News

Auroral crackling sounds are related to the electromagnetic resonances of the Earth

A new study shows that the sounds generated at an altitude of 70 to 80 metres are the result of the activation of Schumann resonances.
A graphic depicting the physics of auroral sounds

The study is a continuation of a hypothesis that Unto K. Laine, Professor Emeritus, published three years ago on the origin of the sounds heard during the displays of the Northern Lights. His theory postulated that the sounds are generated when a magnetic storm causes charges in the temperature inversion layer of the lower atmosphere, to be discharged at an altitude of 70 to 80 metres.

A recent research paper presented by Laine at the ICSV26 congress in Montreal provides a more detailed account of the sound generation. According to this study, when the Northern Lights occur, the spectrum of the temporal envelope of the crackling noise (or in other words, the rapid changes in the sound amplitude) contain frequencies of the Schumann resonances.

The Schumann resonances refer to the low-frequency electromagnetic resonances occurring around the Earth, the strongest of them being below 50 Hz. Laine has now observed that these resonances generated similar rhythmic structures in all the measured crackling sounds.

’Previous international research has shown that a geomagnetic storm occurring during the Northern Lights reinforces the Schumann resonances. For the first time, such resonances have been found to activate the sound generation mechanism in the temperature inversion layer at altitudes of between 70 to 80 metres where the accumulated electric charges give rise to corona discharges and crackling sounds. In addition to the nine lowest Schumann resonances, the spectra also include their difference and sum frequencies or in other words, distortion components. This non-linearity also lends support to the hypothesis of auroral sounds generation,’ Laine says.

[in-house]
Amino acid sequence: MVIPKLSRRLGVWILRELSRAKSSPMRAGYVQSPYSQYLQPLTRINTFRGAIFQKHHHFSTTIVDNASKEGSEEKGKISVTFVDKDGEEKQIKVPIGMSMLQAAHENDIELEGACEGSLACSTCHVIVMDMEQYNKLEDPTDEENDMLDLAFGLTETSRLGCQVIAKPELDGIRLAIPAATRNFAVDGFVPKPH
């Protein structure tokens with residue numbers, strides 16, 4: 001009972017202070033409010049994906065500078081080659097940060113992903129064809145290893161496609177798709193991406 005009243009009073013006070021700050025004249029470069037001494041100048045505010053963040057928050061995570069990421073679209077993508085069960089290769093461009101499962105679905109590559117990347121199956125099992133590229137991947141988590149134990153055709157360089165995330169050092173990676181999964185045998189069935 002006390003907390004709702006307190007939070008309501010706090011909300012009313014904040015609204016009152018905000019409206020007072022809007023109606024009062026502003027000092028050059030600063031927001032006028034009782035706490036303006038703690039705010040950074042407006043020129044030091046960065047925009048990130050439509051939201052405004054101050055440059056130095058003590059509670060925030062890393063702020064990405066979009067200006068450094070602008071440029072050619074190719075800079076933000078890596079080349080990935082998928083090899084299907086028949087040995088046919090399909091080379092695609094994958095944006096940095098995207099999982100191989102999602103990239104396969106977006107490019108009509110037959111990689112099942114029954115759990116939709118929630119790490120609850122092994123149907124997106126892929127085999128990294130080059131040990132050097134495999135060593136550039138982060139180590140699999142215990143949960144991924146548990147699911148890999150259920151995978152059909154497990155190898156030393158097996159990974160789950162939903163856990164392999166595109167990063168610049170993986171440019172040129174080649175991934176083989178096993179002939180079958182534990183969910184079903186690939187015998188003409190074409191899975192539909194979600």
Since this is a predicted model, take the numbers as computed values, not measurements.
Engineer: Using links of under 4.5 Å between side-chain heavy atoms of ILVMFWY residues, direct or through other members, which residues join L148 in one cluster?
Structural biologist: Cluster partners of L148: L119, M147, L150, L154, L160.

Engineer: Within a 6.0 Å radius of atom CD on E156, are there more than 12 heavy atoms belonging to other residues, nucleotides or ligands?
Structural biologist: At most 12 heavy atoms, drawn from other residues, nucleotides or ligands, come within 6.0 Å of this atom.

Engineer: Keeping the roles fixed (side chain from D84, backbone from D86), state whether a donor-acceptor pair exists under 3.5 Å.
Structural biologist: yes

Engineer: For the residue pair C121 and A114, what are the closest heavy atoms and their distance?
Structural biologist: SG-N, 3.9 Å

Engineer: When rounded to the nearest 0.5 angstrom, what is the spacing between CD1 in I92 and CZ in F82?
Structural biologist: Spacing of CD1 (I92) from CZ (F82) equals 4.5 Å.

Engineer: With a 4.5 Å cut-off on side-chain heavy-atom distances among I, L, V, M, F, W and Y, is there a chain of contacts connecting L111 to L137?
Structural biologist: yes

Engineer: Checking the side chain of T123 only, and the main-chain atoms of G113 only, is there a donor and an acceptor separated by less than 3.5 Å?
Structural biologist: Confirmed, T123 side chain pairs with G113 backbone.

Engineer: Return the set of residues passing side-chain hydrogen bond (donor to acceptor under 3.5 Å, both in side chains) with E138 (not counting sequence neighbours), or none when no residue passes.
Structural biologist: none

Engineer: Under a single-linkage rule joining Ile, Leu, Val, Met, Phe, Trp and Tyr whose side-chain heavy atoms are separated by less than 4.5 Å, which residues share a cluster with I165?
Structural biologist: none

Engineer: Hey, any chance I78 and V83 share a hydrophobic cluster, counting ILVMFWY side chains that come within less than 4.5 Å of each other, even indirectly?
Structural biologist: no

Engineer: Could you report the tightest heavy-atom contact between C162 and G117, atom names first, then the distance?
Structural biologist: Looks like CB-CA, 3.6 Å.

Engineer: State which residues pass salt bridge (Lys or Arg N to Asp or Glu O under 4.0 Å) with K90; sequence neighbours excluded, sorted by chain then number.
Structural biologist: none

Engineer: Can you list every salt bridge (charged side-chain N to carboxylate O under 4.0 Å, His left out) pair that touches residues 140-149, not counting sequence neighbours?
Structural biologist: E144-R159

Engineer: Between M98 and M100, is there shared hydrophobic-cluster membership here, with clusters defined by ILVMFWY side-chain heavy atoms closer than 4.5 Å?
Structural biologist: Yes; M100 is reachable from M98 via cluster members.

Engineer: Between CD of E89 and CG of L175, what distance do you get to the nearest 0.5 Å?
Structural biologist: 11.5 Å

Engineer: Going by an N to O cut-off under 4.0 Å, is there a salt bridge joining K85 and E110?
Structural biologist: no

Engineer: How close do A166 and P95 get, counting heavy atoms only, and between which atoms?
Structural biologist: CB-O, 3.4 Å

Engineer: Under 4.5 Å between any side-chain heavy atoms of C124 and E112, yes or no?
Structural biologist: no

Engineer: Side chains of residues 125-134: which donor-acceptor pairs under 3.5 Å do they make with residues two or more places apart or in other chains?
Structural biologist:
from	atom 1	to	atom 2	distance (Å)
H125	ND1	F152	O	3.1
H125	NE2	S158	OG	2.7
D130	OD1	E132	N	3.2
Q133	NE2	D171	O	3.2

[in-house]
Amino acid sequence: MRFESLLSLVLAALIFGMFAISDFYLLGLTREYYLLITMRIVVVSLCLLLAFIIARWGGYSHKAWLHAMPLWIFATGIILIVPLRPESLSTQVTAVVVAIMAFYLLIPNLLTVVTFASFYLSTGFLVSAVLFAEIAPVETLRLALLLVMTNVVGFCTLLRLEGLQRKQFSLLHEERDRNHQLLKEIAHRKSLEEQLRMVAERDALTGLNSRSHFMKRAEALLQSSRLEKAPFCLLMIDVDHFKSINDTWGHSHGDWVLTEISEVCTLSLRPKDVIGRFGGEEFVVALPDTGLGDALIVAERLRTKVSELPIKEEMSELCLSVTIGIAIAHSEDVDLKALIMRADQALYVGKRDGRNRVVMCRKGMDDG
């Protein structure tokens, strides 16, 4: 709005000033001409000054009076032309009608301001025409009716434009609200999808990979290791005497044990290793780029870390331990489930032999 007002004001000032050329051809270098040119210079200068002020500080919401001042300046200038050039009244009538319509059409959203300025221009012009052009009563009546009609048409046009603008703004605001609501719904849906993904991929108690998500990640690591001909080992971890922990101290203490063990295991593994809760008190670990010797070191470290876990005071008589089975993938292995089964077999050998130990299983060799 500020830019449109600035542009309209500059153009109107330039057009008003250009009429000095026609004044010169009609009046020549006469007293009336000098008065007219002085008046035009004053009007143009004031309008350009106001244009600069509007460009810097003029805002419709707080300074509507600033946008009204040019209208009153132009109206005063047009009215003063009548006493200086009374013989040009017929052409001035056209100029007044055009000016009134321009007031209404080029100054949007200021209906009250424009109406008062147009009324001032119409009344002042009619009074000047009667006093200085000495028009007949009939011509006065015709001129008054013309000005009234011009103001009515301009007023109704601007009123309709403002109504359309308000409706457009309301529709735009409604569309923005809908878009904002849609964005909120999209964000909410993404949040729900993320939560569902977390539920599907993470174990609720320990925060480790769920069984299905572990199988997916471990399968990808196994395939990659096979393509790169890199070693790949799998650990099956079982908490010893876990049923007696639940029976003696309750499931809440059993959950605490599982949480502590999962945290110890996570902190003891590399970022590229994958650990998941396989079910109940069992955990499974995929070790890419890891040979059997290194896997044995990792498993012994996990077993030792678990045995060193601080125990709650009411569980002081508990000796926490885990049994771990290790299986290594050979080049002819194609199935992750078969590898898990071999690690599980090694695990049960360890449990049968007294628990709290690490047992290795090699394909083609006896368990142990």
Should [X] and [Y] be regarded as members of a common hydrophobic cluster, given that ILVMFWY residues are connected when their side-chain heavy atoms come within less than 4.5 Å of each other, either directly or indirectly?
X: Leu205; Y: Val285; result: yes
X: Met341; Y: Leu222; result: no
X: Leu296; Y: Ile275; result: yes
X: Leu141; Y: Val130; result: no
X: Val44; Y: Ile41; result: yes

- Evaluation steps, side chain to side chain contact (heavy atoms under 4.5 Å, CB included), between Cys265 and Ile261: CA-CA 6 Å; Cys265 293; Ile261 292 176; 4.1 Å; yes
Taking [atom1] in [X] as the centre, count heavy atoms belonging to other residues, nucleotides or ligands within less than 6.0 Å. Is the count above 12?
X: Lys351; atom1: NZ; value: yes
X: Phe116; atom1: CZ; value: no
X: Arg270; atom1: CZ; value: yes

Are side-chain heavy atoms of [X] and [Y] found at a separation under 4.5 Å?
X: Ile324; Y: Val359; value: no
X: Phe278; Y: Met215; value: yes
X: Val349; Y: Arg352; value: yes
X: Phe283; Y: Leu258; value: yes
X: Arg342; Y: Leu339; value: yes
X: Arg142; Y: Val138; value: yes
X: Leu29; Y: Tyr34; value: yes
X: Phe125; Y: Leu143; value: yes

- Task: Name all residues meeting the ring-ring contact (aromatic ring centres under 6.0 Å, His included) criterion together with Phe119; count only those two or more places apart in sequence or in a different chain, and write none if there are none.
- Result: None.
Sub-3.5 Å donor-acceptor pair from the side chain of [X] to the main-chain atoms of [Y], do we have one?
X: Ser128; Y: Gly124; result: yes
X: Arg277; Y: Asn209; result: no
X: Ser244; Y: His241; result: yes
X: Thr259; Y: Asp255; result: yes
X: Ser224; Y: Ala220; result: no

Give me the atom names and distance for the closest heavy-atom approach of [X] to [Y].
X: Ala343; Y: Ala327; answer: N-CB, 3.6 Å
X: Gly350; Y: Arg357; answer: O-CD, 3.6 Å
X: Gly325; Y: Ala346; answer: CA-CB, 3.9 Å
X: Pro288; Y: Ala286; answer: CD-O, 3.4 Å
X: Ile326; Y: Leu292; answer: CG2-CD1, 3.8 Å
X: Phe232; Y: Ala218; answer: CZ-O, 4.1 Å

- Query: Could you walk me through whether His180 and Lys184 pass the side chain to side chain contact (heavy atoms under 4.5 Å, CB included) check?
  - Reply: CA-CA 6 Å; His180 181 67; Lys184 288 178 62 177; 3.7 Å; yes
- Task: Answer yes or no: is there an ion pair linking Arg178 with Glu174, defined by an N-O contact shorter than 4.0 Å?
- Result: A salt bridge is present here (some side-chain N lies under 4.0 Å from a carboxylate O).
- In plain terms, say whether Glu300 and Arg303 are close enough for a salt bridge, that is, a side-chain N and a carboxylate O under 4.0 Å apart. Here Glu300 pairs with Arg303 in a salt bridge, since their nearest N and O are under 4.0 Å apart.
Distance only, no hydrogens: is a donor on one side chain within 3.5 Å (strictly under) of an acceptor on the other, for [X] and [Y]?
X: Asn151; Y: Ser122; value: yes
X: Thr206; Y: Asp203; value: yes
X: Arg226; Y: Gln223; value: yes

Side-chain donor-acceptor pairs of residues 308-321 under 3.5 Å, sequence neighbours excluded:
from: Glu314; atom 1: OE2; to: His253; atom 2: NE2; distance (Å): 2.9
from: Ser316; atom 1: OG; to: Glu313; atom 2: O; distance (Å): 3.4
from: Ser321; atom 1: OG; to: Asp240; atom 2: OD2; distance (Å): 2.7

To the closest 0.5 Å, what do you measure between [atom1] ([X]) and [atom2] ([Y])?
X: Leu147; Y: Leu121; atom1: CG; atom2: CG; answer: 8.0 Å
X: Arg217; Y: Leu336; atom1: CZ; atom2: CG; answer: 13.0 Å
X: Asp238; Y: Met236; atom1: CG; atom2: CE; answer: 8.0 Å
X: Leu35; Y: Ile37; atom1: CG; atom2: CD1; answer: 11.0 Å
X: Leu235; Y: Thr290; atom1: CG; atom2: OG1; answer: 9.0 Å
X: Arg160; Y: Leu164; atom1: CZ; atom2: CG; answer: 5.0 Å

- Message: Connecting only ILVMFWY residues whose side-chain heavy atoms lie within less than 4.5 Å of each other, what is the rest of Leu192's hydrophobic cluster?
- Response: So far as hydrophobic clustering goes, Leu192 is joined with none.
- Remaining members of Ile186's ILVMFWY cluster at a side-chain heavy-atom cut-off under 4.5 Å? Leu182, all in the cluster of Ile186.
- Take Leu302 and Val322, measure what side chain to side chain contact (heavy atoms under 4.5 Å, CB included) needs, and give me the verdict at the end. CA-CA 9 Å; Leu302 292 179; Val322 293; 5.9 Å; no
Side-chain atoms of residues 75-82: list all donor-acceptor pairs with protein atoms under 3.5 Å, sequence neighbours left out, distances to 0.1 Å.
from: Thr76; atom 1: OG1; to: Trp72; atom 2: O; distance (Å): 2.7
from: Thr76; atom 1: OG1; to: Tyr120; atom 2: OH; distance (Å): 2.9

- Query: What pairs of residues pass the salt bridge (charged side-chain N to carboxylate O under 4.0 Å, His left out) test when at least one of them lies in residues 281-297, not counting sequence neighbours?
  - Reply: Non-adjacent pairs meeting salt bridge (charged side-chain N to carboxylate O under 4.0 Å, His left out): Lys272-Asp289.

The research material consisted of 25 sound events measured on the ground in September 2001 and in March 2012 in Southern Finland, during the display of active Northern Lights. Although the measurements were conducted at different locations using various equipment, the results nevertheless point to the same direction.

The results will be published today (10 July) at the ICSV26 congress in Montreal, which brings together more than 2,000 researchers in acoustics from around the globe.

 

Further information:

Unto K. Laine, Professor Emeritus

[email protected]

 

  • Published:
  • Updated:
Share
URL copied!

Read more news

A green laser light shining on a sample stage between two magnets
Press releases, Research & Art Published:

New nanoscale device for spin technology

Spin waves could unlock the next generation of computer technology, a new component allows physicists to control them
Apulaisprof. Emma-Riikka Myllymäki
Research & Art Published:

Emma-Riikka Myllymäki: Why company reporting needs to be excellent

By producing high-quality reports on both their business and sustainability impacts, companies build trust and aid stakeholder decision-making.
SSD21 banner
Research & Art Published:

Our un­will­ing­ness to sac­ri­fice com­fort: 3 ta­boos pre­vent­ing sustainable trans­form­a­tion

Why is it so difficult for us to change our current practices for more sustainable ones? Are there any explicit taboos that hinder decision-making? Sustainability Science Days, Finland’s largest event in sustainability science, addresses sustainability challenges, including both taboos and innovative ways of promoting sustainability.
Kerrostalo ja kallioita
Cooperation, Press releases, Research & Art Published:

The SUBURBAN PRIDE project examines the relationship between mental images of suburbs and the built environment

The multidisciplinary project combines history of architecture, sociology, and research in critical cultural heritage and landscape architecture. The purpose of the project, based on research and workshops, is to build a sustainable future for suburbs.